Size-exclusion separates based on compound size. The column consists of trillions of microscopic pools of solvent around the beads. Smaller proteins will be caught in these pools while larger proteins pass through and elute out faster. The longer the time of elution, the smaller the protein collected.


Reverse-Phase

Reverse-Phase separates based on compound polarity. The column is a non-polar material, often silica based, and the mobile phase is a varying amount of aqueous (polar) and organic (non-polar) solvents, often with a highly polar ion added in. The longer the elution time, the higher the over-all polarity.


Ion-exchange

Ion-exchange separates based on compound charge. In this method, the mobile phase contains chemicals that induce charge on the compound of interest. This can be done by cations, anions, pH or temperature.


Affinity columns

Affinity columns separate based on the formation of stable, specific and reversible complexes. This can be done using antibodies, receptors or their respective ligands. By lining the column with antibody, the analyte of interest will be bound and isolated. Later, the mobile phase can be changed so the antibody no longer binds, and the analyte is then eluted and collected.

What are the basic components of an HPLC system?

A. A functioning HPLC system includes a sampler, pump, column, detector and data processor. A degasser and column oven may also be used.

How many types of detectors are available for HPLC?

A. There are UV, fluorescence, electrochemical, conductivity, refractive index, evaporative light scattering, chiral, radioactive and mass spectrometry detectors.

I am not sure which column to use?

A. Check the assay protocol to instructions on the appropriate column. The most commonly used column is C18 which covers a wide range of applications.

How do I make a column last longer?

A. Filter samples to remove particulate and make sure the pH of the mobile phase is within specifications for the column. If the column will be stored for an extended period of time, flush with methanol or acetonitrile.
No peaks
Double peaks
Contaminating peaks
Variable retention times
Baseline is drifting
Baseline is not smooth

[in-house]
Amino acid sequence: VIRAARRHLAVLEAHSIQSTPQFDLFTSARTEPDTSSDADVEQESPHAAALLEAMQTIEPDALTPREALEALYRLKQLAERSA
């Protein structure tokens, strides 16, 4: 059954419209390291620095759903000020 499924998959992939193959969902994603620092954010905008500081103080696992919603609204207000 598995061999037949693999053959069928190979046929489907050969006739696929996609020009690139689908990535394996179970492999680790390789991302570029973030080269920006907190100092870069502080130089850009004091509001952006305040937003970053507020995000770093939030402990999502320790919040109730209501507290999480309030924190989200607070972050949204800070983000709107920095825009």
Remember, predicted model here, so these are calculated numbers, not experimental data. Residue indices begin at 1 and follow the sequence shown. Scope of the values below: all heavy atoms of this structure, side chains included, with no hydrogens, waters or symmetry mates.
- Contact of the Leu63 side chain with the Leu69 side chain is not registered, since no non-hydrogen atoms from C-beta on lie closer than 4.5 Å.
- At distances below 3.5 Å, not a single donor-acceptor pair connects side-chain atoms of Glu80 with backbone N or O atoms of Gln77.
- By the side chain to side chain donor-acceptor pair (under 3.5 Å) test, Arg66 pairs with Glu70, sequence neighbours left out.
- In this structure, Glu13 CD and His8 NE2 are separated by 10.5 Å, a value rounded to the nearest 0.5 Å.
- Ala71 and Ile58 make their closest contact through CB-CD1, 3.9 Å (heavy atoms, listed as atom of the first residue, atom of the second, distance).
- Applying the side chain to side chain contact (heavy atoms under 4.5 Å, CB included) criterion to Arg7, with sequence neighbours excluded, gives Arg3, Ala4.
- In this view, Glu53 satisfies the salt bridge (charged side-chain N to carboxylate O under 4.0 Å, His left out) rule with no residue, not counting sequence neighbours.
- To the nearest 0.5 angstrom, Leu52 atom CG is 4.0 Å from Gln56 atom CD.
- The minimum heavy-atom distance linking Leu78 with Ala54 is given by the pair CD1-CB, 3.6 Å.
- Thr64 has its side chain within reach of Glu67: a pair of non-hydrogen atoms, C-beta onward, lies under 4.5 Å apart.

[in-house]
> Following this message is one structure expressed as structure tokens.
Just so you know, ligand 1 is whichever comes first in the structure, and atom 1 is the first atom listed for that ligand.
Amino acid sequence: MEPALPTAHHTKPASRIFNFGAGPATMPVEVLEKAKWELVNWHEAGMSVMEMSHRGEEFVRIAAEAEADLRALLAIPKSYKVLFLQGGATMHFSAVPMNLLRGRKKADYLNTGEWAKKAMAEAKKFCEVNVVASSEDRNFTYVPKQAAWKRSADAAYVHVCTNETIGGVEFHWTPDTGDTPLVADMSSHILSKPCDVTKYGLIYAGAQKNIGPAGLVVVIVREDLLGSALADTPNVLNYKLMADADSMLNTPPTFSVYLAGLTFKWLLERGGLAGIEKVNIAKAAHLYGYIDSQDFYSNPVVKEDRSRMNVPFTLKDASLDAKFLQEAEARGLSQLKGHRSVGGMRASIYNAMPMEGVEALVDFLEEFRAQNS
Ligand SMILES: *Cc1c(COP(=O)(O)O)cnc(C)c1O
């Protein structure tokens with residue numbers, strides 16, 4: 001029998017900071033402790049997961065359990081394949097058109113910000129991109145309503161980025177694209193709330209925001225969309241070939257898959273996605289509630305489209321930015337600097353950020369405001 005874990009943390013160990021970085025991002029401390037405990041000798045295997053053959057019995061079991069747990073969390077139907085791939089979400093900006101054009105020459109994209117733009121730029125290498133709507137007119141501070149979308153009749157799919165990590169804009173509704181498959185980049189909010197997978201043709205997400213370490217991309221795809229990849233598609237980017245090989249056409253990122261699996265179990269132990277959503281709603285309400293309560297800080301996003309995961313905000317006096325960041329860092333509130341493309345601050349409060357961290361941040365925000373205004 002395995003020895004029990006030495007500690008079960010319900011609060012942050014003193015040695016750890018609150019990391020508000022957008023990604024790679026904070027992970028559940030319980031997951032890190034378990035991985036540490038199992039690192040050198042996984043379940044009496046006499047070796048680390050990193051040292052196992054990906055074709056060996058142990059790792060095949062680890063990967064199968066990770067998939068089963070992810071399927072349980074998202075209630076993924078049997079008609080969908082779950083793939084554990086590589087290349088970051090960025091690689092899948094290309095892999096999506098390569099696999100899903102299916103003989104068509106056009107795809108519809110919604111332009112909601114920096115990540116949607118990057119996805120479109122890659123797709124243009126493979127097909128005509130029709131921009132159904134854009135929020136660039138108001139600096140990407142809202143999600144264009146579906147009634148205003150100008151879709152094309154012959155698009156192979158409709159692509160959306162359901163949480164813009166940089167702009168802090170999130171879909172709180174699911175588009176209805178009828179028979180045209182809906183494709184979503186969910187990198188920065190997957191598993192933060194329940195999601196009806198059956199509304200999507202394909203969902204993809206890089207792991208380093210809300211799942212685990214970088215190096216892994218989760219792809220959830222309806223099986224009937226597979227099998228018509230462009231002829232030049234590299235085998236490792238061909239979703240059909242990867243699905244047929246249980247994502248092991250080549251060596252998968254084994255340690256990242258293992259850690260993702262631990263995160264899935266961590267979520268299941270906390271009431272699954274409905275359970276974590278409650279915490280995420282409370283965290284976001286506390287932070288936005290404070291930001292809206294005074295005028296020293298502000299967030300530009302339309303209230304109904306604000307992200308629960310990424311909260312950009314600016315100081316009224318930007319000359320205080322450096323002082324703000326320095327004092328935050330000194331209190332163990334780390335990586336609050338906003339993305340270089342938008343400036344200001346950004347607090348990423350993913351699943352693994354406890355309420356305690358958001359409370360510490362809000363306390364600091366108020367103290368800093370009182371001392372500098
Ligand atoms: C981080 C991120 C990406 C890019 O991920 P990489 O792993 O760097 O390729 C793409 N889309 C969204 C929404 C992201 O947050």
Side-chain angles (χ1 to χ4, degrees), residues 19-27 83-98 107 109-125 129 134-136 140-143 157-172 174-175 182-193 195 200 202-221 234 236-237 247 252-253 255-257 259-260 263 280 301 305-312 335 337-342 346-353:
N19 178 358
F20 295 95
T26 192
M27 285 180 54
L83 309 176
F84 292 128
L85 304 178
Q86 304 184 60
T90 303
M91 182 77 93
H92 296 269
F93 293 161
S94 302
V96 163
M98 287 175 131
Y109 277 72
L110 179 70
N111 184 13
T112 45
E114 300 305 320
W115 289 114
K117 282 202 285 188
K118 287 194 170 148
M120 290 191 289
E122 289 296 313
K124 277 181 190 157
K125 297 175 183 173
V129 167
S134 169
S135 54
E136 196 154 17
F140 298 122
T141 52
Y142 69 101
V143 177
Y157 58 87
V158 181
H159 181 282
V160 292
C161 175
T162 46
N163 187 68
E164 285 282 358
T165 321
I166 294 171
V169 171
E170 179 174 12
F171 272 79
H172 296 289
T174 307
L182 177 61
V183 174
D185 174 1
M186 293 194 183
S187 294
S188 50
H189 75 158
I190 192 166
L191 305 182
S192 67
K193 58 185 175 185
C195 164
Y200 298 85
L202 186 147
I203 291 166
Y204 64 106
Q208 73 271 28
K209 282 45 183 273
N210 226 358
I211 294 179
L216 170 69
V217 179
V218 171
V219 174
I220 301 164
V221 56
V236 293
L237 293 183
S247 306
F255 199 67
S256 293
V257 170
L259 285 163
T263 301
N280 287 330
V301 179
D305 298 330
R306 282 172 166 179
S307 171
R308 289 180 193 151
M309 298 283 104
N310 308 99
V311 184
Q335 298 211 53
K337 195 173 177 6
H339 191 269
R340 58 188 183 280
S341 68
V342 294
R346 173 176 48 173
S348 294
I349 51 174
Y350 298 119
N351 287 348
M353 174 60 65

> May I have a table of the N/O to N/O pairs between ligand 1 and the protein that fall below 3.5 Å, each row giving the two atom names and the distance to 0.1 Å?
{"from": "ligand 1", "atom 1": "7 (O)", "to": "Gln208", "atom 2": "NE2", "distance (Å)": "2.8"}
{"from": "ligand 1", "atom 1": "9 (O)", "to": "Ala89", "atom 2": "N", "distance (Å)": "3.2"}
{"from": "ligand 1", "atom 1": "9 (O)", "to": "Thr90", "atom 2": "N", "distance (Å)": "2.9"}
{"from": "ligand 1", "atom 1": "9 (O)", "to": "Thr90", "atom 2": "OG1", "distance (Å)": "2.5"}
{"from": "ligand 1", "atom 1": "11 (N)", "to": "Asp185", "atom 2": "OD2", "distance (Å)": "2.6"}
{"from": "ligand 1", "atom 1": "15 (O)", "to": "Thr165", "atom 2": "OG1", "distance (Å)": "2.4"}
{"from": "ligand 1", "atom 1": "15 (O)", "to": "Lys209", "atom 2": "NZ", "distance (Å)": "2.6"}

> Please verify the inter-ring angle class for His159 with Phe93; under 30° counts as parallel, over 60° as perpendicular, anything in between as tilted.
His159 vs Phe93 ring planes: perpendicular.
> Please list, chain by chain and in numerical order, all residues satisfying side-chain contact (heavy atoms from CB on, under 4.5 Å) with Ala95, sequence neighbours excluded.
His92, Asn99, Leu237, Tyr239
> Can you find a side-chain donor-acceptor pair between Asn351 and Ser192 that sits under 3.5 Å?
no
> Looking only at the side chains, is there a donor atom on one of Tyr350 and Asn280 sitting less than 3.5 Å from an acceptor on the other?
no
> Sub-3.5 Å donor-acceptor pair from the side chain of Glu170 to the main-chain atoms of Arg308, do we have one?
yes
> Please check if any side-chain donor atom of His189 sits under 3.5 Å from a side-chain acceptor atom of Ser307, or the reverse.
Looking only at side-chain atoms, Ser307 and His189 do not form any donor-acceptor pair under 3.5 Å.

Therapeutic Areas

Our extensive selection of antibodies is validated for use in flow cytometry, immunohistochemistry and other applications, and allows researchers to identify hundreds of intracellular and extracellular proteins.

Antibodies are produced by the immune system in response to antigens. Though the general structure of antibodies is very similar, a small variation in the antigen-binding site of the protein allows for the specific recognition of a single antigen.

Our reliable testing solutions allow for the treatment, control and prevention of conditions associated with allergies and infectious disease.

The immune system protects our body against several factors including allergens, harmful pathogens and foreign particles. Allergies involve an exaggerated response of the immune system and are among the most common chronic conditions worldwide. Infectious disease agents are also one of the leading contributors to debilitating and sometimes fatal conditions. Therefore, scientists look to understand interactions between microbes and the immune system.

We strive to help scientists better understand the relationship between key regulators of bone metabolism.

Bone metabolism is a continual, cyclic interplay of bone growth and resorption. The dynamic relationship between osteoclasts, osteoblasts and an array of hormonal and regulatory influences carefully orchestrates this process. The relative levels of these signaling molecules dictate whether healthy, balanced bone metabolism ensues. Disturbances to this delicate equilibrium, where reabsorption is greater than growth, can weaken the skeletal architecture and put one at risk for the development of chronic and debilitating diseases, such as osteoporosis.

We offer a range of research tools required to identify novel Cardiovascular Disease and Oxidative Health biomarkers, enabling scientists to test their relevance in basic, preclinical and clinical studies.